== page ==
Despite the importance of diabetes for global health, the future economic consequences of the disease remain opaque. We forecast the full global costs of diabetes in adults through the year 2030 and predict the economic consequences of diabetes if global targets under the Sustainable Development Goals (SDG) and World Health Organization Global Action Plan for the Prevention and Control of Noncommunicable Diseases 2013–2020 are met.
We modeled the absolute and gross domestic product (GDP)-relative economic burden of diabetes in individuals aged 20–79 years using epidemiological and demographic data, as well as recent GDP forecasts for 180 countries. We assumed three scenarios: prevalence and mortality 1) increased only with urbanization and population aging (baseline scenario), 2) increased in line with previous trends (past trends scenario), and 3) achieved global targets (target scenario).
The absolute global economic burden will increase from U.S. $1.3 trillion (95% CI 1.3–1.4) in 2015 to $2.2 trillion (2.2–2.3) in the baseline, $2.5 trillion (2.4–2.6) in the past trends, and $2.1 trillion (2.1–2.2) in the target scenarios by 2030. This translates to an increase in costs as a share of global GDP from 1.8% (1.7–1.9) in 2015 to a maximum of 2.2% (2.1–2.2).
The global costs of diabetes and its consequences are large and will substantially increase by 2030. Even if countries meet international targets, the global economic burden will not decrease. Policy makers need to take urgent action to prepare health and social security systems to mitigate the effects of diabetes.
Diabetes is a major global health threat (1,2). Global prevalence has rapidly increased over the past four decades (3), and in 2015, diabetes was the 15th most important cause of years of life lost (4). Despite the World Health Organization (WHO) goal (5) to halt the increase in the prevalence of diabetes and the Sustainable Development Goal (SDG) (6) to reduce premature mortality from noncommunicable diseases (NCDs) by one-third by 2030, the outlook is not encouraging: recent estimates suggest that globally the number of people with diabetes between the ages of 20 and 79 years will increase from 415 million in 2015 (1 in 11 adults) to 642 million in 2040 (1 in 10 adults) even if age-specific prevalence remains constant (7).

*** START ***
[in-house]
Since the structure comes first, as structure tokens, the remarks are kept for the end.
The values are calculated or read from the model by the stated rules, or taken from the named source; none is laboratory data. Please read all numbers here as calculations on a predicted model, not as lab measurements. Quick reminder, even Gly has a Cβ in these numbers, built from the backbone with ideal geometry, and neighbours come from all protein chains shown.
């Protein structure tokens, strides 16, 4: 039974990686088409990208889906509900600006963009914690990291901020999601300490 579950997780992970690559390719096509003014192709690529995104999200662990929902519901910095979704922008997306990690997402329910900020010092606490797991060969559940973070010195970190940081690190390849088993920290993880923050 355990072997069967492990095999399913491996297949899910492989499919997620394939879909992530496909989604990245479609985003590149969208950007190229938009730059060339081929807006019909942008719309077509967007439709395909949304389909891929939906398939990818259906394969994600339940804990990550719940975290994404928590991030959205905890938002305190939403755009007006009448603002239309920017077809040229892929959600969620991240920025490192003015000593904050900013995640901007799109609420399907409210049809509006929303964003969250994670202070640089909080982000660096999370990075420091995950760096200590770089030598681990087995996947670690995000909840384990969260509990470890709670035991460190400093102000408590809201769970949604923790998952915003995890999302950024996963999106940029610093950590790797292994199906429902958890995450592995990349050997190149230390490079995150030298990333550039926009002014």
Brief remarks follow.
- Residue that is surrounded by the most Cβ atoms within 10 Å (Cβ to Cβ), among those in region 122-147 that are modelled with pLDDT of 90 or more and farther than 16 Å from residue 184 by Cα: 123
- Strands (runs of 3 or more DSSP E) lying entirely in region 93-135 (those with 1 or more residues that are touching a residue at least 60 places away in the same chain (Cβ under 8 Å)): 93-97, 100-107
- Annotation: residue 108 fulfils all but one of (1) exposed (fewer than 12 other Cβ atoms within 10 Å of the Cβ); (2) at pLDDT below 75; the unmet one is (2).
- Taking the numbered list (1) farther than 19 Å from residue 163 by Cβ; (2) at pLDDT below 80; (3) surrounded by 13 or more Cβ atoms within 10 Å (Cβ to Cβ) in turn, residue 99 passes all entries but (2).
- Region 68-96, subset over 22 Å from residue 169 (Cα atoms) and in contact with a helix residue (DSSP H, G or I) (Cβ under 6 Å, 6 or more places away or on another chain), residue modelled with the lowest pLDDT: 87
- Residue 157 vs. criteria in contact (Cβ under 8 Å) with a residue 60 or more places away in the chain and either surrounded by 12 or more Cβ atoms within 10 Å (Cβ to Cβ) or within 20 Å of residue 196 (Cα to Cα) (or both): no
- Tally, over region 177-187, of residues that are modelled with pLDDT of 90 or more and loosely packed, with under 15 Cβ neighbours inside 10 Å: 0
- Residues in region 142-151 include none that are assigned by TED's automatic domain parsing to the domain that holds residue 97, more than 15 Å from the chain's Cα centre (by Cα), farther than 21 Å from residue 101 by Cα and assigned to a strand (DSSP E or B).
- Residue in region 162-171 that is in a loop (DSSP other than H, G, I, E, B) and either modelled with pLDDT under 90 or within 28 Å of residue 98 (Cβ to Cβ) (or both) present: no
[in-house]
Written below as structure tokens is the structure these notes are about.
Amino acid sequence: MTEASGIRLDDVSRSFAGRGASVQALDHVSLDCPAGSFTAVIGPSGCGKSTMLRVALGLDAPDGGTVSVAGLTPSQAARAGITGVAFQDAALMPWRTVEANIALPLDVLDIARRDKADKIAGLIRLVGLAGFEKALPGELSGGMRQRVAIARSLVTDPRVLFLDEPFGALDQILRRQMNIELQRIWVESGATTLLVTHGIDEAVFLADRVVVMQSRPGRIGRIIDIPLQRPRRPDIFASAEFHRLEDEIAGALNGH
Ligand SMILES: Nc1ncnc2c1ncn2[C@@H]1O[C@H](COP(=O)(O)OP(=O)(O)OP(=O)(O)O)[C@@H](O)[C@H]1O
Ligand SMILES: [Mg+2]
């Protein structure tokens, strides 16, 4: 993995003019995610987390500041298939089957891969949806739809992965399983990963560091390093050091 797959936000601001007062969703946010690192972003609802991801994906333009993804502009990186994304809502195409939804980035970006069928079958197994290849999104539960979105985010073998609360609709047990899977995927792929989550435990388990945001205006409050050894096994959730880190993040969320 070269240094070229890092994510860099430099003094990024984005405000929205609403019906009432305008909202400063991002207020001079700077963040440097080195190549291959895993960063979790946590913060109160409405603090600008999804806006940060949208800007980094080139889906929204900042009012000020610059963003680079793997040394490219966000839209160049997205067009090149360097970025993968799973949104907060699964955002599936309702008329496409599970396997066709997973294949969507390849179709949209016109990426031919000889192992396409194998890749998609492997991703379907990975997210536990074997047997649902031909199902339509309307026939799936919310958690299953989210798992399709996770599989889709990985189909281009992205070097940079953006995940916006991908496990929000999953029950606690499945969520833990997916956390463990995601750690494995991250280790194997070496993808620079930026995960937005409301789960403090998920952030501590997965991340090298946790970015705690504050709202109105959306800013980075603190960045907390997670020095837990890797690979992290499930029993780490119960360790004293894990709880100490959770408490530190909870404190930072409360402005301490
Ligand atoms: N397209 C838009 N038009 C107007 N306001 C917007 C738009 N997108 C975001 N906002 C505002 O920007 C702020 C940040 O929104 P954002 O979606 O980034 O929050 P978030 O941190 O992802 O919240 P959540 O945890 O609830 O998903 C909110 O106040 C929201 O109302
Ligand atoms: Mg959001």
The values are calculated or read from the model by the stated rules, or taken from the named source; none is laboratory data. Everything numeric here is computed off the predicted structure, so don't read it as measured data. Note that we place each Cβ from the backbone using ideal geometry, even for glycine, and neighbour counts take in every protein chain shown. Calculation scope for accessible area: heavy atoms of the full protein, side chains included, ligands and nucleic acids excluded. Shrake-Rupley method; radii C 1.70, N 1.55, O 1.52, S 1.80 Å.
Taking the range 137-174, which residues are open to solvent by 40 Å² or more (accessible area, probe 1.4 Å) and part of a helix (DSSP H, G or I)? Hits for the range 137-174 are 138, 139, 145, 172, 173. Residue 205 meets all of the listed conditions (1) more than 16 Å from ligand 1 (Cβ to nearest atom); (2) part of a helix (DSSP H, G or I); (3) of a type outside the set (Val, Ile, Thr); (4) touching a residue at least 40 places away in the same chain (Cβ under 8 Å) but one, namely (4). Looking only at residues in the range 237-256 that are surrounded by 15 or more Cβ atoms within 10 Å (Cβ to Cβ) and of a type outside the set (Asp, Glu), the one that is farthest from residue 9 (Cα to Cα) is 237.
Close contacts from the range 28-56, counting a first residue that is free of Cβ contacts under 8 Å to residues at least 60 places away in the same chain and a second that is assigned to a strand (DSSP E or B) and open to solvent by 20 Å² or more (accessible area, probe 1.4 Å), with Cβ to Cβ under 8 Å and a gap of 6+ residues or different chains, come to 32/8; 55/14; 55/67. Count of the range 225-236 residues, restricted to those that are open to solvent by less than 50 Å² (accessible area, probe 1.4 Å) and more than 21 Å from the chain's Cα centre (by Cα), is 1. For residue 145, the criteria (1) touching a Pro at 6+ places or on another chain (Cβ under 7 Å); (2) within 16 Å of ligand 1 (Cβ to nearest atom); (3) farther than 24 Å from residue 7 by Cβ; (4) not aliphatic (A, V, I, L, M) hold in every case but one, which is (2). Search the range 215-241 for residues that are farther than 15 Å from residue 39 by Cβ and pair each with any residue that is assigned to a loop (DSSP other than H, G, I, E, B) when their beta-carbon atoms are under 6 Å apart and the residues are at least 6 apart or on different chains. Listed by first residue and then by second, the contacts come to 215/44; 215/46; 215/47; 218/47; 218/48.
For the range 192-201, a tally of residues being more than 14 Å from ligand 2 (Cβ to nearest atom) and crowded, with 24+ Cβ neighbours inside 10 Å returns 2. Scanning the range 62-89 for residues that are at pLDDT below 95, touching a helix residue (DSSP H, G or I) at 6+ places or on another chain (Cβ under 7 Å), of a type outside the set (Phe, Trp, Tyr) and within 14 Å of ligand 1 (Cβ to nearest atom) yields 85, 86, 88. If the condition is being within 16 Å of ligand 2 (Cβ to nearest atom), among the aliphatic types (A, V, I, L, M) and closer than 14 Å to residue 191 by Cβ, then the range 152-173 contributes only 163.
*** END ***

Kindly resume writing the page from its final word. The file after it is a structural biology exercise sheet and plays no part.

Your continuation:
Encouraging and planning responses to the increasing diabetes burden requires accurate information on future diabetes-related costs. The costs of diabetes include both direct costs from medical care as well as indirect costs incurred through loss of productivity or earnings, both of which are important contributors to the global economic burden (8). However, previous studies estimating the future costs of diabetes were limited to direct costs (9–14) or selected world regions or countries (15–21). Only one report (22) also considered indirect costs on the global level, but not all relevant cost components were covered. Notably, while the goal to stabilize diabetes prevalence and reduce mortality is highly ambitious given the past increase in age-standardized prevalence (3) and achievement of health-related SDGs has been shown to require large-scale public health investments (23), the implications of achieving diabetes-related targets for the future global economic burden of diabetes have never been studied. Moreover, it is unclear how diabetes-related costs will evolve if the world falls short of meeting these goals and diabetes prevalence and mortality continue to grow at past rates—which far outstrip those that would be predicted if rates rose in line with urbanization and aging only. This study fills this gap by juxtaposing these highly relevant scenarios and providing an assessment of the economic implications of the current global health agenda on diabetes. We include the complete range of direct and indirect cost components using well-verified parameters to estimate, for the first time, the full global economic burden of diabetes to the year 2030 under these possible scenarios.
Research Design and Methods
Economic Burden in 2015
Estimates for 2015 were initially based on prevalence and mortality data for 184 countries from the 7th edition of the International Diabetes Federation’s (IDF) Diabetes Atlas (7,8). Four of these countries (Andorra, Dominica, the Marshall Islands, and Zimbabwe) were excluded, as input data for cost projections were unavailable. Rural and urban prevalence data and mortality rates by country were available for six age-groups (20–29, 30–39, 40–49, 50–59, 60–69, and 70–79 years), stratified by sex and individual’s awareness of disease status; these stratifications were taken into account when deriving health expenditure and indirect costs for patients with diabetes. In a sensitivity analysis, we replaced IDF estimates with prevalence and mortality data from the 2015 Global Burden of Disease (GBD) Study (24). Priority was given to IDF-based estimates, as they distinguished, in contrast to the GBD data, between rural and urban location as well as between those who have been diagnosed with diabetes and those who remain undiagnosed. To harmonize both data sets, we truncated GBD data to the age range 20–79 years and collapsed 5-year age-groups into 10-year age-groups. The shares of individuals in rural versus urban areas as well as individuals with undiagnosed versus diagnosed diabetes were assumed to equal those in the IDF data. For both data sets, no distinction by diabetes type was possible, such that costs estimated in this article represent the joint burden from all diabetes types.